As reported at Revit3D.com, next March will see a major change to the way Autodesk prices its upgrades. All upgrades will cost 50% of the full retail price rather than the much smaller percentage that is currently charged. If you upgrade yearly, that means the cost of doing so will be about 3.35 times greater than it is now. Clearly, Autodesk doesn’t want you doing that, and would much prefer you to be tied into the Subscription program, and is introducing some subtle encouragement to nudge you in the right direction.
Here is the rationale according to an Autodesk spokesperson:
I can confirm that after March 16, 2010, a streamlined upgrade pricing model will go into effect–all upgrades, cross-grades, and retroactive Subscription fees up to three releases back will be priced at 50 percent of a full license.
We are doing this to better match the needs and …
I’ve added a link to Autodesk’s new AutoCAD community site, AutoCAD Exchange. As with most things Autodesk, there are pros and cons. Here are my first impressions.
I think it looks good in a Vista-black kind of way. I know some of you don’t like the black look in software, but I do. The layout looks a bit cluttered and confused at first, but I’m sure visitors will quickly get used to where to find things. The site appears to be designed around 1024-wide resolution. If you have more than this, as most CAD users do, then there are wide areas of wasted space either side of the good stuff.
The front page is basically a teaser. To get to the useful content or do pretty much anything, you need to register or sign in. I don’t particularly like this, and it gives the impression (false or not) that …
It appears that the mystery bug was in fact a mole cricket. It appears that these things are poorly understood and I should have passed it on to our local museum. I should definitely not have put it on our lawn, as it appears that these things are quite likely to be the culprit behind the damaged patches on our lawn.
No, not the Bug Watch, just a bug you can watch. Does anybody know what this insect is? It is the second one of these we’ve found in our home in Western Australia. It’s very active and it smells horrible.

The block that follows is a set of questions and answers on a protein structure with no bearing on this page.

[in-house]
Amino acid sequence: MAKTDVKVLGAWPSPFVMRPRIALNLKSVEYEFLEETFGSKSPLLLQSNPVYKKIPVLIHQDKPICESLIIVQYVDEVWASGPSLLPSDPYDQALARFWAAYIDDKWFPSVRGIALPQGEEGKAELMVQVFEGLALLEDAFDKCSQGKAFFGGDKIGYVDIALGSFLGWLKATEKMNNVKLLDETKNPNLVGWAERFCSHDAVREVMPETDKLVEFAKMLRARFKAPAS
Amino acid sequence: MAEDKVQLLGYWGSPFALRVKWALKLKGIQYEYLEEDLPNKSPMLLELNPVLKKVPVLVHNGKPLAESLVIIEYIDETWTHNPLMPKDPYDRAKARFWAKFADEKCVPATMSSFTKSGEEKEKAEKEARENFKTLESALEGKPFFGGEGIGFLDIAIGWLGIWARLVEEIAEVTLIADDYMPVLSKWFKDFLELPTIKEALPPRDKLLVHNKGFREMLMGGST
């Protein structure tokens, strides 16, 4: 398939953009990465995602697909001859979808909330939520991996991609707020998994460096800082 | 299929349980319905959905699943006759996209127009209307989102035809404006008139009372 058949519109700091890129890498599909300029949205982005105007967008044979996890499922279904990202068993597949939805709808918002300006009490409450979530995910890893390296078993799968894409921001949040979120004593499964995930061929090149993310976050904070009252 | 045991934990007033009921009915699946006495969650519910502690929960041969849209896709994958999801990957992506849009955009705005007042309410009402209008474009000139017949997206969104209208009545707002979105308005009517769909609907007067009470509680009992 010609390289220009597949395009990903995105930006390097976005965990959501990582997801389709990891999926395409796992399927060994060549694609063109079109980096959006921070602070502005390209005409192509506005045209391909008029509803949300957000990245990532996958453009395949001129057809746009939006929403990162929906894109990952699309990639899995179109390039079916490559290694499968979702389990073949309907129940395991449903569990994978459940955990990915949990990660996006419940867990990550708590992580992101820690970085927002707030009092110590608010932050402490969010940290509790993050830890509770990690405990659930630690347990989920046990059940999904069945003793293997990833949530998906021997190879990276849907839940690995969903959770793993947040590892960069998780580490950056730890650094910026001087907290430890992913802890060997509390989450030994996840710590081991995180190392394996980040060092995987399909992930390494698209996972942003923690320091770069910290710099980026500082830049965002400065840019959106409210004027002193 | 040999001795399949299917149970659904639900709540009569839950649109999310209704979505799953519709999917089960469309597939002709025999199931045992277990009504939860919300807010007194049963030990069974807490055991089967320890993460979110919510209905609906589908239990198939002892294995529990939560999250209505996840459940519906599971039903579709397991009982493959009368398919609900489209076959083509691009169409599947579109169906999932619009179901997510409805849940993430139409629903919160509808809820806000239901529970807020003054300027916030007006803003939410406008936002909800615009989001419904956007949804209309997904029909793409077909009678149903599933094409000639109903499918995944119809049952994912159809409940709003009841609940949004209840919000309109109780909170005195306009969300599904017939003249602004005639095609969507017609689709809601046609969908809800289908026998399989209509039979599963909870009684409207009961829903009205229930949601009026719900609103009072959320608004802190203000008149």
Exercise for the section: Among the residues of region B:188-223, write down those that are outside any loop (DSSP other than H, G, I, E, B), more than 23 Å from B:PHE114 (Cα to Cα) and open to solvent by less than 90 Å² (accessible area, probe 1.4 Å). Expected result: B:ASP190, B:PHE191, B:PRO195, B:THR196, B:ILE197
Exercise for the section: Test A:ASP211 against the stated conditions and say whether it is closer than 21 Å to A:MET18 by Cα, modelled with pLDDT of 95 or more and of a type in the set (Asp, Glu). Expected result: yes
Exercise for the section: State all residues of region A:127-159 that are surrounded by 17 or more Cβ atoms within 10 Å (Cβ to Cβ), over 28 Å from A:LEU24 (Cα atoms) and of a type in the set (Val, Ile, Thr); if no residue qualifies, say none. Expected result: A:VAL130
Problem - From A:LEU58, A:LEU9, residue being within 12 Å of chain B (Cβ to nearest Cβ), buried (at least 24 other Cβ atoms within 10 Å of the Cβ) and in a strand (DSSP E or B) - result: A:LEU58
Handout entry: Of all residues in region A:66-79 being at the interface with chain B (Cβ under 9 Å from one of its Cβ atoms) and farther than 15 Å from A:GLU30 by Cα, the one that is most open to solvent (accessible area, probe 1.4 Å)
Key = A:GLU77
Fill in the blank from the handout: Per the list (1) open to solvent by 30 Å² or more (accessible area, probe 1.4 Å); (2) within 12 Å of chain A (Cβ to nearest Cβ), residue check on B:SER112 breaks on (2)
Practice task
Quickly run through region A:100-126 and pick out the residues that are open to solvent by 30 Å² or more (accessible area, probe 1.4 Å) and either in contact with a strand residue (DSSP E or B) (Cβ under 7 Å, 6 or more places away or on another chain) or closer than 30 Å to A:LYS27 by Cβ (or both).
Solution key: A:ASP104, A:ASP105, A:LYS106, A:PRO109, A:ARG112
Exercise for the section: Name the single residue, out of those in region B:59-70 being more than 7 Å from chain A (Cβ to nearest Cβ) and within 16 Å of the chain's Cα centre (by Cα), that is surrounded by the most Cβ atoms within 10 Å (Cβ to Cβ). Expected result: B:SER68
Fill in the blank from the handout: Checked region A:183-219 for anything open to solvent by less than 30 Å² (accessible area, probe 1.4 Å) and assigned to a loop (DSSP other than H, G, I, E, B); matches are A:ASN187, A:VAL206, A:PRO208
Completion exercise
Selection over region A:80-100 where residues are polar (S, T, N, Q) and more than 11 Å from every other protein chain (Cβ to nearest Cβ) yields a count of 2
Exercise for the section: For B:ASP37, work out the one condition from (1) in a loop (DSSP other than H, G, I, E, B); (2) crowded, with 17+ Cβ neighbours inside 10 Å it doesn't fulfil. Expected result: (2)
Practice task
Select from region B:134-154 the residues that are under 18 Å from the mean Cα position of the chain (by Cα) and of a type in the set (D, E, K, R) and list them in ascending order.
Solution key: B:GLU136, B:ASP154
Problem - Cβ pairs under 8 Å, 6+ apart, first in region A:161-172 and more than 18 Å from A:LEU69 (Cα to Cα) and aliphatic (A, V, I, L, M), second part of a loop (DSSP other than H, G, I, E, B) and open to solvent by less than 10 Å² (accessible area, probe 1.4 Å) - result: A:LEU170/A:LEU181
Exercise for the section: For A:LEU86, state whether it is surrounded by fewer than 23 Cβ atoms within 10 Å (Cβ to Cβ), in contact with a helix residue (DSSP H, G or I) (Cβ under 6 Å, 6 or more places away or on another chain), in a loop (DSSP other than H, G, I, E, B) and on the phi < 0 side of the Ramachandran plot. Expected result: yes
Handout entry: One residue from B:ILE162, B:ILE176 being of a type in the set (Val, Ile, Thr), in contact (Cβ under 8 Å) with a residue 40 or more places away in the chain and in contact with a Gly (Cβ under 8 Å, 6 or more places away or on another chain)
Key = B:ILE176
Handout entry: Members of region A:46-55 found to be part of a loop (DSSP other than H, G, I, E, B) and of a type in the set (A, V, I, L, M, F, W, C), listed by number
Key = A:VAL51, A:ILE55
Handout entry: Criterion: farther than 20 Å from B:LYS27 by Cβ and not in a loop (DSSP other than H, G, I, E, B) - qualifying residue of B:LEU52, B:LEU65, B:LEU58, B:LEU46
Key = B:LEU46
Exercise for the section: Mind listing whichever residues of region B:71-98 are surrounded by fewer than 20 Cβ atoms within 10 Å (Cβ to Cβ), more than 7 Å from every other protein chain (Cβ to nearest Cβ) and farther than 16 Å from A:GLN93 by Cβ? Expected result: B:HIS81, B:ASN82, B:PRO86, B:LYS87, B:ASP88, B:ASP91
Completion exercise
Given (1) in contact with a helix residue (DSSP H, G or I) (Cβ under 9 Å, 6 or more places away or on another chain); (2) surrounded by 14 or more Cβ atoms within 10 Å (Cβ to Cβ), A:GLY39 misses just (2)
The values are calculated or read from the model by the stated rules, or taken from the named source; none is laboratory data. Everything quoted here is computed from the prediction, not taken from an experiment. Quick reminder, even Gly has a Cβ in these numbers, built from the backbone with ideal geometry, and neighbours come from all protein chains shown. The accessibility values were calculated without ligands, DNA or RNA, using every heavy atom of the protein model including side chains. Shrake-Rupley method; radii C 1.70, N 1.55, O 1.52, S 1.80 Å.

For those of you who can’t access YouTube, here are some photos of the bug:
A higher resolution version of the above picture is available here. This is the bug about to be given its freedom:
On release, it buried itself in our lawn:
In 25 years in Australia, I had never seen one of these until recently. Any ideas?
The responses to Carol Bartz’s blog post are an interesting read, and not just because of the astonishing amount of attention being paid to her language. One person pointed out how irritating it was to be “helped” by Yahoo’s dumb automated “support” system:
I have never – repeat, NEVER – had a human response to ANY email or form-submitted help request that I’ve sent to Yahoo!
All my experience of communicating with Yahoo! customer ’support’ is characterised by exchanges such as:
Me: Hi, I need help with Messenger on the Mac
Y!: Thankyou for contacting customer support. Here are some tips for getting Messenger to work on Windows.
Me: Uh, thanks, but I’m on a Mac. Can you help me with Messenger on the Mac please?
Y!: Thankyou for contacting customer support. Please follow these steps for uninstalling Messenger and re-installing it on Windows.
Me: Um.. haha… good …
Time for my own bad Photoshop. Truly, truly awful work here. This is the tenth and last (so far) edition of Gaahl’s Tr00 Life Adventures. Click the thumbnail to see the full size image.
This one contains a few in-jokes (e.g. “many Norwegian countries”) from the Mike Portnoy forum community that was the original audience, so much of the original amusement will be lost. I am posting this one mainly to complete the set.
The original Gaahl photograph is by Houston documentary photographer Peter Beste, who has this to say on his site:
In the last two decades a bizarre and violent musical subculture called black metal has emerged in Norway. It’s roots stem from a heady blend of horror films, extreme heavy metal music, Satanism, pagan mythology, and adolescent angst. In the early-mid …